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Published: August 13th 2014
Arriving in Turpan Railway station at 0535 in the morning and facing the scrum of yelling taxi drivers in pitch dark is a bit daunting esp. as we had planned to take the minibus into the city which was 55kms from the station. Why they locate railway stations miles from the towns is beyond me but thats the reality. Problem was the buses didn't start until 0800. So breaking all the rules, we accepted an offer from the first yelling bloke, piled our luggage into the boot of his 'taxi' and roared off into the darkness - with absolutely NO lights on !! After some heated exchanges with the driver, we eventually got out of the vehicle but only after opening the doors of the car as he sped along. Was a close thing whether we could retrieve our packs from his boot, but sanity prevailed, so back to the station we went, where we eventually found a 'real' taxi driver who for a quarter of the previous quote, took us safely into town.
Turpan is China's Death Valley and at 154m below sea level, is the second lowest depression in the world, and the hottest spot in China. Temps
touched 45 on our first day, and I'm not joking you could fry an egg on the pavement easily - if only there were pavements in Turpan. Washing clothes is a breeze here cos the wet clothes dried in bout 25 mins !
After checking into the Silk Road Lodges in Mun'er village ( highly recommended hotel) on the outskirts of Turpan where we could really experience village life that hasn't changed for centuries,, we ventured off to visit Emin Minaret - built in 1777 by a Turpan general Emin Toja. Has a spectacular and unique minaret which unfortunately was closed for climbing.
John spent the next few hrs perusing the new Turpan Museum whilst I checked out Grape street - an interesting pedestrian mall area with grapes growing right over the top extending over two city blocks. This place is the Grape capital of China - grapes are literally everywhere - every farm, every backyard, every street corner, country lane, there are grapes everywhere - and still this time of year they are laden with fruit and ready for picking. Must confess that we seriously overloaded on grapes - one could simply pick a bunch wherever they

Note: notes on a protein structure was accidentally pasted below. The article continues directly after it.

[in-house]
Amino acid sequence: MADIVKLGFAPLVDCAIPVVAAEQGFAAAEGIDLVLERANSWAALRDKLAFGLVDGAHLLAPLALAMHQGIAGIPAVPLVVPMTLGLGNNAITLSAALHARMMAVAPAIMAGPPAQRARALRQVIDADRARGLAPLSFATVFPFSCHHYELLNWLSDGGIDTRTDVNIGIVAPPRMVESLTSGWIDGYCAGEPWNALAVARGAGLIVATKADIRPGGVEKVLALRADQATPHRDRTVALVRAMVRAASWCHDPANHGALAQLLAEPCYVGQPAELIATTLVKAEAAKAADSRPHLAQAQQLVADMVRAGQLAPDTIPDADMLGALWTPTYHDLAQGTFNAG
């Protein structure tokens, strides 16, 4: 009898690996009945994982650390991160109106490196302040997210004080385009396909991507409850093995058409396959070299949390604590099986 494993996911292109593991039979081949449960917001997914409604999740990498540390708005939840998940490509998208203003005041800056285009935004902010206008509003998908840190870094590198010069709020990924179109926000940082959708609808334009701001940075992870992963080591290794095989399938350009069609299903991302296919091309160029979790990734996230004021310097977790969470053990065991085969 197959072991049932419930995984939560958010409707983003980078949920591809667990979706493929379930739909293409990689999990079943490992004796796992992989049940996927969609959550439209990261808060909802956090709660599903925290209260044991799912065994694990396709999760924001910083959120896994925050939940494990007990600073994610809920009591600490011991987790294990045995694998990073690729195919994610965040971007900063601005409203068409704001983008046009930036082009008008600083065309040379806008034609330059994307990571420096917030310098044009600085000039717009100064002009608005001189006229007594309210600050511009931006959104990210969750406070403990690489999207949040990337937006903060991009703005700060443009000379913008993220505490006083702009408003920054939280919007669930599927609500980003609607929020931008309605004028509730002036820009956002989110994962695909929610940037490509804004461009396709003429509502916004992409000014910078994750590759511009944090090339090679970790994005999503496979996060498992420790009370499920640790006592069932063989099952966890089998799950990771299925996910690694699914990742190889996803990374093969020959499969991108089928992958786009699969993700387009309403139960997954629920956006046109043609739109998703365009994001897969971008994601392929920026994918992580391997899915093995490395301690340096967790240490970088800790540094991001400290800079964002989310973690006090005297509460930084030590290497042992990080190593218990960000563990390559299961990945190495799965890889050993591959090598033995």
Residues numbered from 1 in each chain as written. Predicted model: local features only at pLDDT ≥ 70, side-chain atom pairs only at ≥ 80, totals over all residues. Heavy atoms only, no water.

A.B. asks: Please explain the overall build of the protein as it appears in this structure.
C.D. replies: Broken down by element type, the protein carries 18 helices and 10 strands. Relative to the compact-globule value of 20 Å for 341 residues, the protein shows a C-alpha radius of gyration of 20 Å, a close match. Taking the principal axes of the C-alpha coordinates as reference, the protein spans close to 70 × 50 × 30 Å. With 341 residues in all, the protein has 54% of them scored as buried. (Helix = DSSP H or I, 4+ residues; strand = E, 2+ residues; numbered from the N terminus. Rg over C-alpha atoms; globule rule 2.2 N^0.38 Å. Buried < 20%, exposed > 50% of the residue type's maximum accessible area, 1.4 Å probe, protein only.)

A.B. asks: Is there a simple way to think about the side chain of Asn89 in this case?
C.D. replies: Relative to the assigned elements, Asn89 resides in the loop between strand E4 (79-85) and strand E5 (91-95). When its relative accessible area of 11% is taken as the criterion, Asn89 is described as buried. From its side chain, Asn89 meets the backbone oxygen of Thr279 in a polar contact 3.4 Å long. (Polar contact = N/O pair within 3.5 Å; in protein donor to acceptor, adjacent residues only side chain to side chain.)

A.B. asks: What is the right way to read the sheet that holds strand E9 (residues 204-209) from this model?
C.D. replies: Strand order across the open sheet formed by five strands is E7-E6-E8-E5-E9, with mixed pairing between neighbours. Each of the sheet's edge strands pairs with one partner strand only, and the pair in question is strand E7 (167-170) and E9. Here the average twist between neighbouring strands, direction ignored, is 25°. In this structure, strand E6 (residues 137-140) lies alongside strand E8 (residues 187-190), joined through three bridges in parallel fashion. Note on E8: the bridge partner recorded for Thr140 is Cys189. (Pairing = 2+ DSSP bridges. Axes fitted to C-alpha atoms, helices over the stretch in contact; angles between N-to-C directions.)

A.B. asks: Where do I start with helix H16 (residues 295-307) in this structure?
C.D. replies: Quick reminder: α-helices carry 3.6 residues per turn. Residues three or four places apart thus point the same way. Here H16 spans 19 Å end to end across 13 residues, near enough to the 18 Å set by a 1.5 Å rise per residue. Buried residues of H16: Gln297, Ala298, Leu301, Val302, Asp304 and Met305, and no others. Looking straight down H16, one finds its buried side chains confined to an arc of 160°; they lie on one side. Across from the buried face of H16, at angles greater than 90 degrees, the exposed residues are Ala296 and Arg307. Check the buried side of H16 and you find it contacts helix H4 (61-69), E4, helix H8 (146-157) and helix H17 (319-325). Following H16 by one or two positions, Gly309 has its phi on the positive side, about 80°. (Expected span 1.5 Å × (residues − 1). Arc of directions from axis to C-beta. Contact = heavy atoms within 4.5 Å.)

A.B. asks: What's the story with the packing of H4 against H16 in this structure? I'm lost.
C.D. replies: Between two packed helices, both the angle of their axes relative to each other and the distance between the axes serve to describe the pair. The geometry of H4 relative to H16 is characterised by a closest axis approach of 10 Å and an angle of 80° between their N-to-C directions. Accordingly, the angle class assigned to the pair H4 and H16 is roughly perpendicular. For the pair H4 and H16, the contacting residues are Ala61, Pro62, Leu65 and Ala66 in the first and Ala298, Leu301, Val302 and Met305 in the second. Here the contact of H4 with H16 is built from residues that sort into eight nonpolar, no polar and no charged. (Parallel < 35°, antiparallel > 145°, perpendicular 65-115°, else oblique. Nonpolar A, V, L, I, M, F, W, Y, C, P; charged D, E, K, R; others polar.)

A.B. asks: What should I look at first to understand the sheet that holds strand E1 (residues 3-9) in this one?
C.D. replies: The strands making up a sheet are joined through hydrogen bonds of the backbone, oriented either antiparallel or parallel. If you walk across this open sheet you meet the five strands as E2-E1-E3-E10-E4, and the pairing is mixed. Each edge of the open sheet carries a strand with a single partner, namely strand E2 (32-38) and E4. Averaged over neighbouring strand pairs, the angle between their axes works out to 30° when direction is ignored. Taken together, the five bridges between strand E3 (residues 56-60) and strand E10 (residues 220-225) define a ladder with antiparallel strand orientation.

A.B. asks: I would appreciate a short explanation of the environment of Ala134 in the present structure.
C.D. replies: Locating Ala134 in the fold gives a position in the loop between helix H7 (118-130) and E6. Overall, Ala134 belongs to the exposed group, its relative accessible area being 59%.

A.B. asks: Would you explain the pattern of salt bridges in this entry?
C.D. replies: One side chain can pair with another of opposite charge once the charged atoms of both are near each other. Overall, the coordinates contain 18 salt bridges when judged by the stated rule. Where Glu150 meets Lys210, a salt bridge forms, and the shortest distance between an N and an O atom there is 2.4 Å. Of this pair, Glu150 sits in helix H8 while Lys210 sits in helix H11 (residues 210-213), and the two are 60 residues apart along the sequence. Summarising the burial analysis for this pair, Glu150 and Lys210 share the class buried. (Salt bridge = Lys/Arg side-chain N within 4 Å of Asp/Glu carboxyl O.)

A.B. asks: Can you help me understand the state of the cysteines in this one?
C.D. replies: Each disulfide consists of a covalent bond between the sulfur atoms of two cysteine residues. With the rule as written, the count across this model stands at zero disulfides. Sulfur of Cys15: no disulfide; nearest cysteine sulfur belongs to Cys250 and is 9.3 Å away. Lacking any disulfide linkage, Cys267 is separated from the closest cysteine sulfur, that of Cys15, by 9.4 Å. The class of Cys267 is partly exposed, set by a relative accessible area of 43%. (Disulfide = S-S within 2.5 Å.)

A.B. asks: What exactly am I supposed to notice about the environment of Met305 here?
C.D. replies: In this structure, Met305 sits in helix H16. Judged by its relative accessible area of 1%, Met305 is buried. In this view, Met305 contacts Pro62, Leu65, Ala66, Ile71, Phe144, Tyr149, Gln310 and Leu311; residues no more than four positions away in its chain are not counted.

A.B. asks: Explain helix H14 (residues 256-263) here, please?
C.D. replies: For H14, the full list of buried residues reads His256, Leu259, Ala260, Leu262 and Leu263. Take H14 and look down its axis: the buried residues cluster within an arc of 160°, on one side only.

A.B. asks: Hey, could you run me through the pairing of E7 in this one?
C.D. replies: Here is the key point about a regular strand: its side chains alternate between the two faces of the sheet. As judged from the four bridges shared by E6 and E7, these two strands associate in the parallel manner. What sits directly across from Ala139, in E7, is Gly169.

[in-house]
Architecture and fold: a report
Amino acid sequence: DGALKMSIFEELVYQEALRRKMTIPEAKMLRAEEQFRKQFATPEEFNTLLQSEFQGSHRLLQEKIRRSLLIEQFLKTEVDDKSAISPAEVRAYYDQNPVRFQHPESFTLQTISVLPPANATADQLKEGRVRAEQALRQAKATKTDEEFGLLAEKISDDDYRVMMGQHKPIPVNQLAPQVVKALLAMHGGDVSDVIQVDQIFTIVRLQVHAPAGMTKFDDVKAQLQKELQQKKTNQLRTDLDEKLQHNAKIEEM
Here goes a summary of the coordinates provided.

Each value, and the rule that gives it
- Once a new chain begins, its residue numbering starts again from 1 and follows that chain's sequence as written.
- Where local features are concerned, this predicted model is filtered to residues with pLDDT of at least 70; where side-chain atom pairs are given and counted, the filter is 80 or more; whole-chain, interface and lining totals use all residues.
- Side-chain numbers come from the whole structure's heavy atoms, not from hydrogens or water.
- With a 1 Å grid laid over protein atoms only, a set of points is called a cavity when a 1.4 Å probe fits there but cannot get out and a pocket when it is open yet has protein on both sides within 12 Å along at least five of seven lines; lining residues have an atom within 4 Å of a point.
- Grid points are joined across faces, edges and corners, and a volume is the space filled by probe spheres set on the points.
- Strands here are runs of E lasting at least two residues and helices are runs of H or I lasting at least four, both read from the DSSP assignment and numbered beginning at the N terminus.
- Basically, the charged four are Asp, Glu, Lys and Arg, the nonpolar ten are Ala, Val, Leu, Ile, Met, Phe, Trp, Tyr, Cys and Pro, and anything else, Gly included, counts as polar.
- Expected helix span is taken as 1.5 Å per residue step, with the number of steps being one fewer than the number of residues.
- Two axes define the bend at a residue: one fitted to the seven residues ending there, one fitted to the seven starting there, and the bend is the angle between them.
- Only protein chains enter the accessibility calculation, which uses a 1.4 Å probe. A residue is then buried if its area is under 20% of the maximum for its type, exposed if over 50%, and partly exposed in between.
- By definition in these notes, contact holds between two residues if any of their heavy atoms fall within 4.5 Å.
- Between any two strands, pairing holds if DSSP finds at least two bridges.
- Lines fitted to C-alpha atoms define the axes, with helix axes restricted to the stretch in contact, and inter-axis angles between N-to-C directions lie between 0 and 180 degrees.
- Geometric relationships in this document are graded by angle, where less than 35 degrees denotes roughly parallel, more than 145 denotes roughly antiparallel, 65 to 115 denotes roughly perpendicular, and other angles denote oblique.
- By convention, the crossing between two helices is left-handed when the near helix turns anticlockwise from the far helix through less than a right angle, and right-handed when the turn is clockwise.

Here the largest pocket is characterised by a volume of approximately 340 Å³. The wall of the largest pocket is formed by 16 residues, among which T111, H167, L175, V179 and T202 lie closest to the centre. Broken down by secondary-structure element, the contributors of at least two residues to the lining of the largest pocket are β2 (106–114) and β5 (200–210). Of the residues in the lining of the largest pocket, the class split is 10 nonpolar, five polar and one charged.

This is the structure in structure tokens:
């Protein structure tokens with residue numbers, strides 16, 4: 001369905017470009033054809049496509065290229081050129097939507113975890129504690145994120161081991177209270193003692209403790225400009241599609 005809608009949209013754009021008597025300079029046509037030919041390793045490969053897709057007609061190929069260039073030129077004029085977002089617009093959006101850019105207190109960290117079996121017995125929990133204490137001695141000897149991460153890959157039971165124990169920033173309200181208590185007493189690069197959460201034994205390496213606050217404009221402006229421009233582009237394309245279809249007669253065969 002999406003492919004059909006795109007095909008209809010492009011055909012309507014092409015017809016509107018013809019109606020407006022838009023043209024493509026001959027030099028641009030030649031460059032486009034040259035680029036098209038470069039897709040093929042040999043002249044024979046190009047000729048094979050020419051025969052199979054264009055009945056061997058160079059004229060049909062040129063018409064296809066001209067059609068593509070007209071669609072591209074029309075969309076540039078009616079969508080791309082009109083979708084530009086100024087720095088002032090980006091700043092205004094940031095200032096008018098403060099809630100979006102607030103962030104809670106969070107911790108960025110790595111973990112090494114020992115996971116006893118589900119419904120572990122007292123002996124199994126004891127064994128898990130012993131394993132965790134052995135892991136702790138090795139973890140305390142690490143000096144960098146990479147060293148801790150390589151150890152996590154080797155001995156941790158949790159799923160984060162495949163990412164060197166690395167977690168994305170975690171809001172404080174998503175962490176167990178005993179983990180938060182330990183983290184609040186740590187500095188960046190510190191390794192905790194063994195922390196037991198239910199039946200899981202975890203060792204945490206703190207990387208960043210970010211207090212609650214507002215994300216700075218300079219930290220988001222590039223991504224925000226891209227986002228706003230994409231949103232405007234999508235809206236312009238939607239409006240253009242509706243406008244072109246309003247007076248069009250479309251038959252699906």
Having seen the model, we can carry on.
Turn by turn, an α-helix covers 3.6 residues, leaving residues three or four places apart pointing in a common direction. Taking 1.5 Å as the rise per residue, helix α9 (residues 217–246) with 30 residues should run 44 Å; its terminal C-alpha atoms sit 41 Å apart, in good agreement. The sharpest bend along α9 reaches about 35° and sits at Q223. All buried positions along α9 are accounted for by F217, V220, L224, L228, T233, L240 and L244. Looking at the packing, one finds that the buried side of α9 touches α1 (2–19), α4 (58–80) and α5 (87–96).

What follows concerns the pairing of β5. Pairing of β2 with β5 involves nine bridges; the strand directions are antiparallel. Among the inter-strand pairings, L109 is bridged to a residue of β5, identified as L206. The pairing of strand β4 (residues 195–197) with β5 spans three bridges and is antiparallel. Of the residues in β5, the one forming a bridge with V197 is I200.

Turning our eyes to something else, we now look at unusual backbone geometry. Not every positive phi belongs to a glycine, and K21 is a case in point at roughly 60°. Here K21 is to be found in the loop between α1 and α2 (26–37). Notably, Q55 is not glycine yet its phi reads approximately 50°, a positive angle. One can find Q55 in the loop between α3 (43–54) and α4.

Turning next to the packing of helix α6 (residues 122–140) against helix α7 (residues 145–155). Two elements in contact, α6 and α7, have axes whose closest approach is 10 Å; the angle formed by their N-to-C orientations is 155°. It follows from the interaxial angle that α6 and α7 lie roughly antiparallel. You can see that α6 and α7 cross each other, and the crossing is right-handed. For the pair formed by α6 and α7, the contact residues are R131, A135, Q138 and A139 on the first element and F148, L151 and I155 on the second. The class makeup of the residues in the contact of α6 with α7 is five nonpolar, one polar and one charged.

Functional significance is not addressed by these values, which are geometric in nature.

were and set them ! We saw them being dried on the country roads, and hung in massive mudrock drying racks to convert to raisins.
Hearing some interesting music along the roadside, John investigated to discover a local Uighur wedding in progress just outside the Lodge. Not known to be shy in such matters, John quickly found himself invited to join the wedding celebrations, and sat cross legged on the ground with the other menfolk, and proceeded to partake of all the yummy wedding breakfast food goodies. But when it came to joining in the dancing, John beat a hasty retreat
Next morning (after a breakfast of grapes !) we were off to visit the ancient cites of Jiahoe and Gaochang. About 8 Kms west of Turpan, Jiahoe was a garrison town established by the Han dynasty over 1600 yrs ago and was remarkable for its size - over 6500 people originally lived here. There are lots of structures and walls, and temples remaining.
Gaochang - aBout 15 Kms east was the ancient capital before Turpan in 850AD, though it was established in 1st century BC. There's not much left today other than the massive 12m high
city walls, which I thought were spectacular. One could wander thru the ruins, and imagine what life might have been like so many centuries ago.
Final site to visit was Tuyoq located in a valley alongside the Flaming mountains - anticipated to be the most interesting of all as this 'city' still had people living today in this most ancient place. Typical Uighur village life in a location that was very holy to Muslims and remains today to be a pilgrim site for Muslims. Local legend has it that the first Uighur to convert from Buddhism to Islam did so here. Unfortunately in this land of nearly zero rainfall, they suffered a once in a century rainstorm about three months ago, which resulted in huge rockfalls sweeping down the hillsides causing some serious damage to the village. None of this had been repaired or restored, so the place was still a bit of a mess.
On our last nite in Turpan, it was off to a very local night market where we feasted on a huge roast cumin spiced chook, hot out of the oven Sesame Nan bread, washed down by litres of Pear juice! It doesn't get
any better than that.
Overall impression of Turpan was the excessive heat, the grapes, and lots of old rocky remains of ancient cities.
Next morning, it was off to that distant railway station to undertake our first 24hr overnight/ day train trip to Kashgar - a city at the heart of the Uighur/Han disturbances.
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